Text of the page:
9. ^ Berger, Peter L.; Luckmann, Thomas (2011) [1966]. The Social Construction of Reality: A Treatise in the Sociology of Knowledge. Open Road Media. ISBN 9781453215463. Society does indeed possess objective facticity. And society is indeed built up by activity that expresses subjective meaning. ... How is it possible that subjective meanings become objective facticities? ... This inquiry, we maintain, is the task of the sociology of knowledge.
  10. ^ Epstein, Brian (21 March 2018). "Social Ontology". Stanford Encyclopedia of Philosophy.
  11. ^ György, Lukács (1967) [1923]. Reification and the Consciousness of the Proletariat. Merlin Press.
  12. ^ Horkheimer, Max; Adorno, Theodore (2002) [1944]. Dialectic of Enlightenment. Stanford University Press. p. 163. ISBN 9780804736336.
  13. ^ Gannon, Megan (5 February 2016). "Race Is a Social Construct, Scientists Argue". Scientific American. Today, the mainstream belief among scientists is that race is a social construct without biological meaning. ... 'While we argue phasing out racial terminology in the biological sciences, we also acknowledge that using race as a political or social category to study racism, although filled with lots of challenges, remains necessary given our need to understand how structural inequities and discrimination produce health disparities between groups,' [Michael] Yudell [professor of public health at Drexel University] said.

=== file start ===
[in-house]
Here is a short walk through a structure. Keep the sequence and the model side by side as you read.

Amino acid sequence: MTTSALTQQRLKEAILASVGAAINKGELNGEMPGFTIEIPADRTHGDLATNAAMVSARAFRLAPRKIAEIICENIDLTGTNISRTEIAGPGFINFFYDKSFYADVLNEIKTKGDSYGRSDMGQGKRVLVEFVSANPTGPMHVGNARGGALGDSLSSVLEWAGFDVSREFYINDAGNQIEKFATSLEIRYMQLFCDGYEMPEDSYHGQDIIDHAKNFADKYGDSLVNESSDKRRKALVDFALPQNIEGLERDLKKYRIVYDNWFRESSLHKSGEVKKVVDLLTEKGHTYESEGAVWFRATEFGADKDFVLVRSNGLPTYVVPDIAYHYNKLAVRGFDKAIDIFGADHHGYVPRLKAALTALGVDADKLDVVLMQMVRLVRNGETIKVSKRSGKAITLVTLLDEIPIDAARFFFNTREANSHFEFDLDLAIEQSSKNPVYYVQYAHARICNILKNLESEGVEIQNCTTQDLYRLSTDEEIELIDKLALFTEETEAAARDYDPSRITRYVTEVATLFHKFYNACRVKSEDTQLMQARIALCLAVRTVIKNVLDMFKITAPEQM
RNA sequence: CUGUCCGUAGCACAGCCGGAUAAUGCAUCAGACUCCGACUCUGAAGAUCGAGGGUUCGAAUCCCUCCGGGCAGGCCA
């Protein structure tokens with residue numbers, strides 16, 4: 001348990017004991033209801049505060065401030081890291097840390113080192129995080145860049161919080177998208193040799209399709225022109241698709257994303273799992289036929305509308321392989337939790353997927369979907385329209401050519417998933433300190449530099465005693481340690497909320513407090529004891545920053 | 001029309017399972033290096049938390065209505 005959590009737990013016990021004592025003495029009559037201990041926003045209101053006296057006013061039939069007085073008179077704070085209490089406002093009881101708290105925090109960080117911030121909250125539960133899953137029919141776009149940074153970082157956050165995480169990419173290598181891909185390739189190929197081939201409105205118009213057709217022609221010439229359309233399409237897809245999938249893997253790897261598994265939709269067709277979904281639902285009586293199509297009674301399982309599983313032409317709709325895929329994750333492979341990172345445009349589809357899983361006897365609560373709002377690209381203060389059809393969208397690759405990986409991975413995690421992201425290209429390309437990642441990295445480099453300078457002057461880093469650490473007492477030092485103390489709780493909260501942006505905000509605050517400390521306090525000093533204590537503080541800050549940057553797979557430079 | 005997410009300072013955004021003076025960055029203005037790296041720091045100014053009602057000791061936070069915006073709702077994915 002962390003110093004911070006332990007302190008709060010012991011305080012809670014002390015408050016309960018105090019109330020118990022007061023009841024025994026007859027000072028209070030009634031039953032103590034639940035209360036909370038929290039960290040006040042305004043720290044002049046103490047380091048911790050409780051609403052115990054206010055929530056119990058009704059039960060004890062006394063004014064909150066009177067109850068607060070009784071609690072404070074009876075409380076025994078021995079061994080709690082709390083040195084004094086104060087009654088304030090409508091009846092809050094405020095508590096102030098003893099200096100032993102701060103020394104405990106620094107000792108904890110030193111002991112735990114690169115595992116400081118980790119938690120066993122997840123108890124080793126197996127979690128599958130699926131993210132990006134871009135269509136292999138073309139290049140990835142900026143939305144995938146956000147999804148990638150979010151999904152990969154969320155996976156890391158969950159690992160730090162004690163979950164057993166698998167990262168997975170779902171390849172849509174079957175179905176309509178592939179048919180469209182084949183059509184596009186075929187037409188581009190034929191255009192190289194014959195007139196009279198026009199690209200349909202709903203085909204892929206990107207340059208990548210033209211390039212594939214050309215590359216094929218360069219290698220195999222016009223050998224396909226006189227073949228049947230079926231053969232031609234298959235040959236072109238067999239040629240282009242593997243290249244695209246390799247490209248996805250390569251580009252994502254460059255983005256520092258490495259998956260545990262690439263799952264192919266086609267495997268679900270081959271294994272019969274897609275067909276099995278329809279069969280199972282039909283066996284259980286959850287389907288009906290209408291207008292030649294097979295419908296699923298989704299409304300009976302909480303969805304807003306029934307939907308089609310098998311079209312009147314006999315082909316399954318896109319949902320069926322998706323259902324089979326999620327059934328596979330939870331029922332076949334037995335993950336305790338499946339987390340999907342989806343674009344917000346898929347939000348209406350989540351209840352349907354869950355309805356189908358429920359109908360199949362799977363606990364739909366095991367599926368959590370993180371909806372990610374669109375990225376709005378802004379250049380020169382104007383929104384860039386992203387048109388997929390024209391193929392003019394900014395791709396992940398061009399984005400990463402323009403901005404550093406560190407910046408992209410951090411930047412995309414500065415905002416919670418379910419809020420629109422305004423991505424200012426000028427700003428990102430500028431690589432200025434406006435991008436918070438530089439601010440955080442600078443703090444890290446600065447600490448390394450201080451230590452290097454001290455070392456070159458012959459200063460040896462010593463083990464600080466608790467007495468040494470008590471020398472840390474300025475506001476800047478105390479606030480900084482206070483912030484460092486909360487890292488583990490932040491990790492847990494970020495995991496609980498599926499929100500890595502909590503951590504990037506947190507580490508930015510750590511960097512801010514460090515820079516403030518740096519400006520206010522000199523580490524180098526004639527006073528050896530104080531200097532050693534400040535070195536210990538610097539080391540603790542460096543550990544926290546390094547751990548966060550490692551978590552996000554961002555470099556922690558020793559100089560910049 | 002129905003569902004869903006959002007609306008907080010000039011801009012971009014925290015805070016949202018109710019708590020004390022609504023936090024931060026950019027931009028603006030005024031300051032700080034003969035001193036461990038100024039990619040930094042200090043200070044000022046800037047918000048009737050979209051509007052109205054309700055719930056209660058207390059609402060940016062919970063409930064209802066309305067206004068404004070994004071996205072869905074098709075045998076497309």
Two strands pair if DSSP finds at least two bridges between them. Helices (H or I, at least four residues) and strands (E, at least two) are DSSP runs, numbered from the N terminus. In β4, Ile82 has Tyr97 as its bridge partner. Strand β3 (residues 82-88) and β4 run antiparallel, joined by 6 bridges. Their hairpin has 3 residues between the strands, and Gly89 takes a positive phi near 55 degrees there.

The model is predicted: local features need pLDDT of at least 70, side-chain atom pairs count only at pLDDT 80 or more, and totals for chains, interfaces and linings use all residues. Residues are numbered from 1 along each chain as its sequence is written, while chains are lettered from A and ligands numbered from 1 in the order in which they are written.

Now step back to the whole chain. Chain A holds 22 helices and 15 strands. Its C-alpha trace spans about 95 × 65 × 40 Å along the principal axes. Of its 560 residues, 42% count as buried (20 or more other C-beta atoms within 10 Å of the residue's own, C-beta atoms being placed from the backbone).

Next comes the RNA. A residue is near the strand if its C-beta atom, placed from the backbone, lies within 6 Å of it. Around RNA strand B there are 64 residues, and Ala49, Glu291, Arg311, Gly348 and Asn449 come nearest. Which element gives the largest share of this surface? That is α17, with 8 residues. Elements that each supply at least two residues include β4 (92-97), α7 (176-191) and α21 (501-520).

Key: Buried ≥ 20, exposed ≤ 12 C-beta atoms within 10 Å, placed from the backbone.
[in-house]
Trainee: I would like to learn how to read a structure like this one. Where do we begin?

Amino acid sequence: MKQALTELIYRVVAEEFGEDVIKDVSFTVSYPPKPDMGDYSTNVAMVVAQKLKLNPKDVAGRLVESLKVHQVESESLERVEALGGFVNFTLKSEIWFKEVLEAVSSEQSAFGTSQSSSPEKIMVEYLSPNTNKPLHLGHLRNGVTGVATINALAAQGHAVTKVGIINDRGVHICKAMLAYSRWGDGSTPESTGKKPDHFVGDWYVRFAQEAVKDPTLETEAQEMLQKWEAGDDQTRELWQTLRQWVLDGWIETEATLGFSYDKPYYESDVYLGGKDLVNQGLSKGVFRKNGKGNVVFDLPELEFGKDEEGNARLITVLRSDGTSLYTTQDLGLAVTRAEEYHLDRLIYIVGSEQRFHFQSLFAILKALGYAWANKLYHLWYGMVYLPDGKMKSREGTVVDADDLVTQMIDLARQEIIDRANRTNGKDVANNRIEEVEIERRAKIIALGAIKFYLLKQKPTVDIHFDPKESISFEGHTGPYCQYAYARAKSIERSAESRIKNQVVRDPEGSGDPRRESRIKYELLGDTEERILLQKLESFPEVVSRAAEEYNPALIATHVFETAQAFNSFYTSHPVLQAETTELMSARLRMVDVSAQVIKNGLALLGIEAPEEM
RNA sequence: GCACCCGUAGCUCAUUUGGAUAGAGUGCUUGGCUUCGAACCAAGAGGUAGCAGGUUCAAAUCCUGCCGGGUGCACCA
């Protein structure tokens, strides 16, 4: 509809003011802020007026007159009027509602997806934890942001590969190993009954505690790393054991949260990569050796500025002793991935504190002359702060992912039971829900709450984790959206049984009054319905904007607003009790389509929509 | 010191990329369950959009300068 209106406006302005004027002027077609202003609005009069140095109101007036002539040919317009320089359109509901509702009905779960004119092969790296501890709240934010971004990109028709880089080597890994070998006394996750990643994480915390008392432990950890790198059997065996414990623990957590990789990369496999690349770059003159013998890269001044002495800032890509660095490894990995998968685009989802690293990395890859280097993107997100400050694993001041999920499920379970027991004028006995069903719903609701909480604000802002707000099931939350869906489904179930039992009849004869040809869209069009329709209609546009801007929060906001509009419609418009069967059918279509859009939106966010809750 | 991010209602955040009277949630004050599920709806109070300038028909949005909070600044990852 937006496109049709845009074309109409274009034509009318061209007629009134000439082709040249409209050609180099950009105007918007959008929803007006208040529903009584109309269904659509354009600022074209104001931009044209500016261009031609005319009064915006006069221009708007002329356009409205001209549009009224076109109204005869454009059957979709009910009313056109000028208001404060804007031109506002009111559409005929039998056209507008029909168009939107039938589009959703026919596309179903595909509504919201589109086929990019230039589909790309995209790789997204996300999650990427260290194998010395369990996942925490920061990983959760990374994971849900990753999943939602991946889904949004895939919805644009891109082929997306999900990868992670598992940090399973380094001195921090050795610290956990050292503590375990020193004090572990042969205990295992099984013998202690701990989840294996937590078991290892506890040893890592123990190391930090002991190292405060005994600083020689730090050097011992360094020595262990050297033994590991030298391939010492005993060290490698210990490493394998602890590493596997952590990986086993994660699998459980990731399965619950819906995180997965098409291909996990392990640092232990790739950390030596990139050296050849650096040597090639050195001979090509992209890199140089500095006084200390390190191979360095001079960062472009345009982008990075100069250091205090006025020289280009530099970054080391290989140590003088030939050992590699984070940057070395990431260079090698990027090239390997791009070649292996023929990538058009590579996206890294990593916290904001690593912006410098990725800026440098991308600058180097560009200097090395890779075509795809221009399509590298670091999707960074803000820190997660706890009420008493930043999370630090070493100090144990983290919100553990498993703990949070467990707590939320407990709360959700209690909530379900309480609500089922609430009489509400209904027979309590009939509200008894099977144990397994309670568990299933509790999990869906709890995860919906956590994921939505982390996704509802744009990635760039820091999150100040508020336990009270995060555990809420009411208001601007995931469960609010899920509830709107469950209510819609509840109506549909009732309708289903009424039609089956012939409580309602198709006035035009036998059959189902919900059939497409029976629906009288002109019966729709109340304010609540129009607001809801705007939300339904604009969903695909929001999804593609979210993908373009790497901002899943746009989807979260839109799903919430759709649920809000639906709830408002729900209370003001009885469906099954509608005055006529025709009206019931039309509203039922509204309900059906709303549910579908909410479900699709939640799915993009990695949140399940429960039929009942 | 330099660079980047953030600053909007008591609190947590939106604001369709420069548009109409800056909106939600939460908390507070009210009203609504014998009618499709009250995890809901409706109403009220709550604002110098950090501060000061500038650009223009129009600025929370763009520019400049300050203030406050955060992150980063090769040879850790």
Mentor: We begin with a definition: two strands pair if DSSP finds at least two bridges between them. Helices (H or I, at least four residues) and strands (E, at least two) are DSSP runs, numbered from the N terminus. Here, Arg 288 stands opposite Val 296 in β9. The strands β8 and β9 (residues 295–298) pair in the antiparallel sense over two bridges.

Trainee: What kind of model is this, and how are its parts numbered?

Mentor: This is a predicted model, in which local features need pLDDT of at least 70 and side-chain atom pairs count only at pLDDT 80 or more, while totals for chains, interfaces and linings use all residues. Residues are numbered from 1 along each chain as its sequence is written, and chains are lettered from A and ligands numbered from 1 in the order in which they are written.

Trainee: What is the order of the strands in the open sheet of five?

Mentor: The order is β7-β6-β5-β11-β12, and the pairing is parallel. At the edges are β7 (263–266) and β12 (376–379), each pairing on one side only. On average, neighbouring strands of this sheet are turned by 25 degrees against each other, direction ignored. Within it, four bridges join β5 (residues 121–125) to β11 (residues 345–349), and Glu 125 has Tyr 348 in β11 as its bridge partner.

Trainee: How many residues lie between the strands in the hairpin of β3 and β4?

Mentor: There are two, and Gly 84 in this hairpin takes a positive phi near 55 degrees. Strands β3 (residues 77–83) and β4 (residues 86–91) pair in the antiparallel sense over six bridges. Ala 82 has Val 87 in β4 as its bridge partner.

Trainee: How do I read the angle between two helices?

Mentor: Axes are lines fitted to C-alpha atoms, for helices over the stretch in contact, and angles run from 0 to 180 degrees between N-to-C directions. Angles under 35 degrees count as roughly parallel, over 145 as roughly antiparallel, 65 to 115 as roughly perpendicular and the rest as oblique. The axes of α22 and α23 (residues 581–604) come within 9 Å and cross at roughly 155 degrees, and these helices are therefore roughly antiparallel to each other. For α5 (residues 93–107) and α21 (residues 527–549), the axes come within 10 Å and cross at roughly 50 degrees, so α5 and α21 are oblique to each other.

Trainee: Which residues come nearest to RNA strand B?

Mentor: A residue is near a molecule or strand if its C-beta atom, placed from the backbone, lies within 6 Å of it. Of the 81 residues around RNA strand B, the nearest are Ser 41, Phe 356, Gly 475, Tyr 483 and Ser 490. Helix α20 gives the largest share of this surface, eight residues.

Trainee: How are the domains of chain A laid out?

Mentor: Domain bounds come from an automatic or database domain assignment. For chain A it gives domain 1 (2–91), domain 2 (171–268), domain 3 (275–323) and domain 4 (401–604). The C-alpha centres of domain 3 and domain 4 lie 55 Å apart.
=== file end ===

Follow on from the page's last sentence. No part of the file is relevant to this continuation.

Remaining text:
14. ^ "Tackling structural racism and ethnicity-based discrimination in health". World Health Organization. Across the globe, Indigenous Peoples as well as people of African descent, Roma and other ethnic minorities experience stigma, racism and racial discrimination. This situation often increases their exposure and vulnerability to risk factors and reduces their access to quality health services. The result is that these populations often experience poorer health outcomes. This has been evidenced and exacerbated during the COVID-19 pandemic, in which some of the starkest inequities have emerged among populations experiencing racial discrimination.